To eat or not to eat? Why is that a question?
Trigger Warning: dieting, disordered eating, body dysmorphia and mental illness
It’s three in the morning.
I’ve been lying in bed, awake, for hours now, trying to fall asleep.
I’m tired. My limbs are limp, my eyelids are heavy, and my brain feels slow, almost like it’s lagging. I’ve been on the go the whole day and I’m exhausted now. I just want to sleep.
But I can’t stop thinking about when the sun will come out and I’ll get to eat. I can’t stop thinking about the food in my fridge, all the food I didn’t let myself have.
Is time moving slower than usual? Why can’t it just be tomorrow already?
I just want to sleep.
I just want to eat.
Up until a few months ago, this exact scene would play out every single night.
In my head, eating ‘healthy’ was the equivalent of eating ‘as little as possible’. I had a whole stockpile of terminology that included, but was not limited to, ‘clean eating’, ‘discipline’ and ‘calorie deficit’. I fed myself these words instead of the nourishment my body needed. This was good and that was bad and if I had the good thing, I was good and if I had the bad thing, I was bad.
Diet culture had succeeded in inserting its ugly self in the folds of my brain. The seed had been planted sometime during my final year in school, when I looked at myself in the mirror and decided that I needed to get in ‘shape’. No one told me that there is no one ‘shape’ and good health looked different on everyone. The idea stuck to me like glue and began to spread like a nasty web, consuming all other thoughts.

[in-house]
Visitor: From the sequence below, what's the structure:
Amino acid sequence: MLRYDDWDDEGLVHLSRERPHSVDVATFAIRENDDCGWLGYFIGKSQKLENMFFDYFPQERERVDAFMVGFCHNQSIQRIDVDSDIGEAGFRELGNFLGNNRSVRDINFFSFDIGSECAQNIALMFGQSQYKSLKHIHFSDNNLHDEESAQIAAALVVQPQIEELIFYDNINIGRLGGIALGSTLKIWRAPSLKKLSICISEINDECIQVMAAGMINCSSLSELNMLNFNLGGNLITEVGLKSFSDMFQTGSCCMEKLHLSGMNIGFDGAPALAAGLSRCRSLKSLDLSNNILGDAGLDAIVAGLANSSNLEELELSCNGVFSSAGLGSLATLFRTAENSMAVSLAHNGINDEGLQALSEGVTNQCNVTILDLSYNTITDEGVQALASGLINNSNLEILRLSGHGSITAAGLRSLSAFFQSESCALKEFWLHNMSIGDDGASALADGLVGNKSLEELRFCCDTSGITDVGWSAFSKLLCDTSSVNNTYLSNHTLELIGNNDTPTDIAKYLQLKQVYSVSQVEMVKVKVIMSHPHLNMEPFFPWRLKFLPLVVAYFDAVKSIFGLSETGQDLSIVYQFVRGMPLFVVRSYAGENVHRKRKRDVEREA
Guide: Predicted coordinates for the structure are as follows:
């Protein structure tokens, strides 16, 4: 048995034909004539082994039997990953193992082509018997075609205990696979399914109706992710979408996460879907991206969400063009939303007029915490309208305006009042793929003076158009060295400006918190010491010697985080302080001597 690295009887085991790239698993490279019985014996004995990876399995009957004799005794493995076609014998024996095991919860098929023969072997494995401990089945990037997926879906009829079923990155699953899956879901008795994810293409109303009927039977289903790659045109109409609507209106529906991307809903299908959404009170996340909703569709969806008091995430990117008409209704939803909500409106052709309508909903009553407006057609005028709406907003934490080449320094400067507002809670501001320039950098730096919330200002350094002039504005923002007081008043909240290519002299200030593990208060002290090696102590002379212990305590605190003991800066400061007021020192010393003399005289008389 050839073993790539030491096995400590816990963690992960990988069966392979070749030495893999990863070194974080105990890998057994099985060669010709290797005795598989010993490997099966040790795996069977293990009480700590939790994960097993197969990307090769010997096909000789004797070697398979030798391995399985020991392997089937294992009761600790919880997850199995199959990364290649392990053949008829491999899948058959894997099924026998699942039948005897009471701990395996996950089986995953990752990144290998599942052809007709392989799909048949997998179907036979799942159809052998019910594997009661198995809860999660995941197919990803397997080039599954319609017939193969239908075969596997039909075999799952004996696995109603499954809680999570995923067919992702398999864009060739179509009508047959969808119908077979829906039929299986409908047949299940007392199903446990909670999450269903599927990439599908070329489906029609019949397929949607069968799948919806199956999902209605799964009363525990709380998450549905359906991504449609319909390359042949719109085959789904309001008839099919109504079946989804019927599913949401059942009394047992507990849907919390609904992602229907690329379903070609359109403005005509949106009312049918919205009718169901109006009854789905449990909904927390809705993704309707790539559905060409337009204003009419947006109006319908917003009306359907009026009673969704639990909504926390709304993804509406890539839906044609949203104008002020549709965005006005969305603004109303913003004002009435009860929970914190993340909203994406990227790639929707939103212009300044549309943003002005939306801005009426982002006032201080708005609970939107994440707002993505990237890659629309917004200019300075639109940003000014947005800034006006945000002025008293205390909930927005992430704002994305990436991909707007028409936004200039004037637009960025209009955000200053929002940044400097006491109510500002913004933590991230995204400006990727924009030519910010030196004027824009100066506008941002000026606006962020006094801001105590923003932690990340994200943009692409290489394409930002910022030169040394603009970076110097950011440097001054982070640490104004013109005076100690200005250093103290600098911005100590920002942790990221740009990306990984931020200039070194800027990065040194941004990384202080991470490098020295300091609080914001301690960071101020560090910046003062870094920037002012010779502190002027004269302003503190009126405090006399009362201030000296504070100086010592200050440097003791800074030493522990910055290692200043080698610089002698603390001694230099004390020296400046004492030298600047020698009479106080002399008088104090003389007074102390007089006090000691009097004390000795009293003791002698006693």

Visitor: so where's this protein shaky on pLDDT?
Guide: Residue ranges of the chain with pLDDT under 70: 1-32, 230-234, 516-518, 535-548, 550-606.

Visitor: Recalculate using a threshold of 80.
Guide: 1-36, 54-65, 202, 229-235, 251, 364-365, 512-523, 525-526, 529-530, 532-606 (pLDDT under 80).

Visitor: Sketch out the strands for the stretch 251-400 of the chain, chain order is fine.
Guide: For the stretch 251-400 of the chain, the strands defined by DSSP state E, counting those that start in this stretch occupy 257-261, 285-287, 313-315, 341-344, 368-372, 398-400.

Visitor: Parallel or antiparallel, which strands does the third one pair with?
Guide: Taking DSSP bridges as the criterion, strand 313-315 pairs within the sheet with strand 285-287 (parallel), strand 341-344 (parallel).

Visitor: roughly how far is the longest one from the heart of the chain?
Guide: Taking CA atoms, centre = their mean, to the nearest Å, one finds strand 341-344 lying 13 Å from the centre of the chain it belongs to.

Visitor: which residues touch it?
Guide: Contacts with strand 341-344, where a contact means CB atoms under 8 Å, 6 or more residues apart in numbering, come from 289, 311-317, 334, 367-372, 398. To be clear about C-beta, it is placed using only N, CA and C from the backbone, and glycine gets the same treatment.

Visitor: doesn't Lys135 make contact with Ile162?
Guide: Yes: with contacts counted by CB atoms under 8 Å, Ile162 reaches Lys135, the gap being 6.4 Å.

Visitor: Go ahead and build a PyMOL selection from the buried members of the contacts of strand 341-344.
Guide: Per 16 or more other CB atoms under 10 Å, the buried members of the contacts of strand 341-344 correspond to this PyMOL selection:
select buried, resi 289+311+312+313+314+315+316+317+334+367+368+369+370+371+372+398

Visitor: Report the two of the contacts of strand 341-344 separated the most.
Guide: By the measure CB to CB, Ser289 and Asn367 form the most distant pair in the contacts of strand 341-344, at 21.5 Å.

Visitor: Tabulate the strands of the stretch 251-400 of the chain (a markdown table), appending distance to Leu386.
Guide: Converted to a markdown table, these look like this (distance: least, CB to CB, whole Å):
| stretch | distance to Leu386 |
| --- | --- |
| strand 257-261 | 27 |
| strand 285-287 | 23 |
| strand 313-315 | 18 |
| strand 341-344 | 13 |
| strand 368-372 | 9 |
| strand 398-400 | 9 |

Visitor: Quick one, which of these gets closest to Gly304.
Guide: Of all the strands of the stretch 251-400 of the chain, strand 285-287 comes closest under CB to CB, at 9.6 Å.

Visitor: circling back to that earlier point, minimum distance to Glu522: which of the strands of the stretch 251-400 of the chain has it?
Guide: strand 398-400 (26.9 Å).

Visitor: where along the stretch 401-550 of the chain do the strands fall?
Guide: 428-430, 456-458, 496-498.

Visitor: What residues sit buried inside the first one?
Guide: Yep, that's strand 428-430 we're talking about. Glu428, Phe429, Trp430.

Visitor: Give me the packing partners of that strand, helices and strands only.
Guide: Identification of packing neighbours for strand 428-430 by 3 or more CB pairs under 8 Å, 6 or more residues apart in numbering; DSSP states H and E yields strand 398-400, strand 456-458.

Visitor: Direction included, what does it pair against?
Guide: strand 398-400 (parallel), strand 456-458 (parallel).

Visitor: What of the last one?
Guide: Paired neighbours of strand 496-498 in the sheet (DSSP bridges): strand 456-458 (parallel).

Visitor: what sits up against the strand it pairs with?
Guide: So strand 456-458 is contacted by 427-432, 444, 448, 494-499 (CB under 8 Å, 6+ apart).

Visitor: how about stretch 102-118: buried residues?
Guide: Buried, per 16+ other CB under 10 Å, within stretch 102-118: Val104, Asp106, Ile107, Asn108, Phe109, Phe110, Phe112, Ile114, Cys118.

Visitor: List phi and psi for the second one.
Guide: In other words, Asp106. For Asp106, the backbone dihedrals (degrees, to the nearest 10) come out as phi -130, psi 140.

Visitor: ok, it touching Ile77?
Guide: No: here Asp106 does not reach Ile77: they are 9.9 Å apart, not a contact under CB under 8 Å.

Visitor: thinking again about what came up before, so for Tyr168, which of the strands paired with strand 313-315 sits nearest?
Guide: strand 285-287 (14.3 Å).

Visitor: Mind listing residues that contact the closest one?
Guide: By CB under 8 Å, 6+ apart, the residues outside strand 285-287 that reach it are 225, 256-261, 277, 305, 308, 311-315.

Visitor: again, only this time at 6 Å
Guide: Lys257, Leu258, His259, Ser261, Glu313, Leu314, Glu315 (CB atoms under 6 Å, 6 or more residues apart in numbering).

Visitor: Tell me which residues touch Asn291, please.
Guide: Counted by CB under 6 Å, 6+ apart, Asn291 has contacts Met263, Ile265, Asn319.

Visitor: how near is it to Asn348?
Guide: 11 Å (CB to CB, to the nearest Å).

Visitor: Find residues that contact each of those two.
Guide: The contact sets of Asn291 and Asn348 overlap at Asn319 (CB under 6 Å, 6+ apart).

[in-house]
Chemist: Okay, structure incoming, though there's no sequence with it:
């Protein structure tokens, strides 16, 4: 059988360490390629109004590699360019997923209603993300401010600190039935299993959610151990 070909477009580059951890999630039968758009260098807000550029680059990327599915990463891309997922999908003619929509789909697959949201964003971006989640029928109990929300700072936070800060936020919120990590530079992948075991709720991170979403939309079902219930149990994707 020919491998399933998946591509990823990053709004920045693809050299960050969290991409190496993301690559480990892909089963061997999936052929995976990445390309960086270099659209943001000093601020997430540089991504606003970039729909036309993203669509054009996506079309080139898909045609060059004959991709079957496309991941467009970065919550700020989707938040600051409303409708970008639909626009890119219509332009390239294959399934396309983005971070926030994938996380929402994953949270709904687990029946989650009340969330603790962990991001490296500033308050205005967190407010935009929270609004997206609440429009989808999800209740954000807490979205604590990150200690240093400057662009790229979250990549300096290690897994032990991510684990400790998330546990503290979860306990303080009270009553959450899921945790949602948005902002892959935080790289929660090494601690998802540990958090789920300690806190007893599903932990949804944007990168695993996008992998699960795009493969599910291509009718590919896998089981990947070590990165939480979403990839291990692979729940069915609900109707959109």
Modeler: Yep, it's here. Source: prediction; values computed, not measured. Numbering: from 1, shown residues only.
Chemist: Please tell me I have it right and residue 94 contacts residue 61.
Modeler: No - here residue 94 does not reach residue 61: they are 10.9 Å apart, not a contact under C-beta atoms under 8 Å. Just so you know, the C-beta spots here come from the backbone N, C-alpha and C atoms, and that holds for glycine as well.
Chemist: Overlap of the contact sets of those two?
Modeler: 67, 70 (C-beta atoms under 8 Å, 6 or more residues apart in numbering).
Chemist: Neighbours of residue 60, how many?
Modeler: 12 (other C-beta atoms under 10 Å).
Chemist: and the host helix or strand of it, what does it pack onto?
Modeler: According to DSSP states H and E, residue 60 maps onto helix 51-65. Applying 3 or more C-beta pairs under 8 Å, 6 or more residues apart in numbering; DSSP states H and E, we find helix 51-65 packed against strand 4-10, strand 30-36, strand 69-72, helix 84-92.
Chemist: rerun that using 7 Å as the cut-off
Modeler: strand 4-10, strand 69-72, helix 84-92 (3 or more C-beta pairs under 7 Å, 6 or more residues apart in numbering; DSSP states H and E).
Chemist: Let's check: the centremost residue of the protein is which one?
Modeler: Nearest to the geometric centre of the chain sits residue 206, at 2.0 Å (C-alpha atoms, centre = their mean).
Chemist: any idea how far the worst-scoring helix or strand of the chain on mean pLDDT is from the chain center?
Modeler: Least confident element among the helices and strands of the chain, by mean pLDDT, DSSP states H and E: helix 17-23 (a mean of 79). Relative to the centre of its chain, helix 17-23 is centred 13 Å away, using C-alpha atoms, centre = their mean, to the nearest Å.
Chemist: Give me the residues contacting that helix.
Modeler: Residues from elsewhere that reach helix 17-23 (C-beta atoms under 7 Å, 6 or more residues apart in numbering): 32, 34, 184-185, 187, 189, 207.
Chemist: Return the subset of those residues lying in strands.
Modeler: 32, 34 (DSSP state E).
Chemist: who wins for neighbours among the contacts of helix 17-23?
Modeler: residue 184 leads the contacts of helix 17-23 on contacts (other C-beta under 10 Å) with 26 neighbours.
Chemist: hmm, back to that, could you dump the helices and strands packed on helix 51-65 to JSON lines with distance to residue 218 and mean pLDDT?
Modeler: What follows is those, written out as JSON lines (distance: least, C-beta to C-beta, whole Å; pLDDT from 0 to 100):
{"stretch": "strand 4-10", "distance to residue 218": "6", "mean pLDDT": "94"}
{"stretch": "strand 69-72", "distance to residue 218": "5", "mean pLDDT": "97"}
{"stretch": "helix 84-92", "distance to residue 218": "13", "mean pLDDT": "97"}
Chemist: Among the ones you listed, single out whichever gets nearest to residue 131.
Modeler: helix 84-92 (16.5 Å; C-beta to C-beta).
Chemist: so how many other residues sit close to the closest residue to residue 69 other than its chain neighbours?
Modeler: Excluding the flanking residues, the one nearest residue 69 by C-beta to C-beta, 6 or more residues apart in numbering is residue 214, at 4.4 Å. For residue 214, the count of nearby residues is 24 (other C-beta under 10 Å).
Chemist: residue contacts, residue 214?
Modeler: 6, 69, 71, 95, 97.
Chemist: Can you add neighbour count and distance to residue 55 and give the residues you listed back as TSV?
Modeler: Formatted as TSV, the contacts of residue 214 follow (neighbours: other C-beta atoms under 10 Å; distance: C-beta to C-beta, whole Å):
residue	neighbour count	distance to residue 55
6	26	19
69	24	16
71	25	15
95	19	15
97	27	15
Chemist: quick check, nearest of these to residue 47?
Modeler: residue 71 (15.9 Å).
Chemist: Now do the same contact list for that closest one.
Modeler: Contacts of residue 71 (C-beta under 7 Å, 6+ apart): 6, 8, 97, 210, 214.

I needed to lose weight. I needed to get smaller, thinner, take up lesser and lesser space.
I wasn’t always like this. So, what happened?
The toxic power of social media
The explosive spread of diet culture on social media has been one of the most contributing factors towards the perpetuation of eating disorders and body dysmorphia. Research from 2017 has shown that people who used Instagram more frequently displayed increased symptoms of orthorexia nervosa, which is described as an obsession with clean eating. The creation of an atmosphere that assigns morality to the natural process of fluctuation in body shape is bound to severely distort our perception of how we view these changes.
All one needs to do is log onto Instagram and you’ll find scores of posts and pages telling you about the next big fad, the next miracle diet, the next life-changing juice cleanse that will help you shrink.
The impression that such an environment has on the minds of not just adolescents, but fully-grown men and women is incredibly dangerous. When you are thrust into an all-encompassing conditioning system where food is the enemy and calories are worse than the devil itself, seeing otherwise is very difficult.
The science of it all
So, what happens to our bodies when we diet?
Bethany Motley, a registered dietician and nutritionist based in Minnesota, USA, explained to me in our chat that the human body’s natural response to receiving less food is the slowing down of the metabolism and increased levels of hunger as a means of making up for the restriction.
“Our bodies don’t know that we’re on a diet. They don’t know the difference between that and just being in a famine or having less food accessible.”
Dieting also completely changes the way our minds respond to food.
“Our thoughts get more focused on food. We can get obsessive about food and eating, even after we’ve gone off the diet. Our bodies kind of go into overdrive,” said Bethany, explaining the connection between the mind and the body.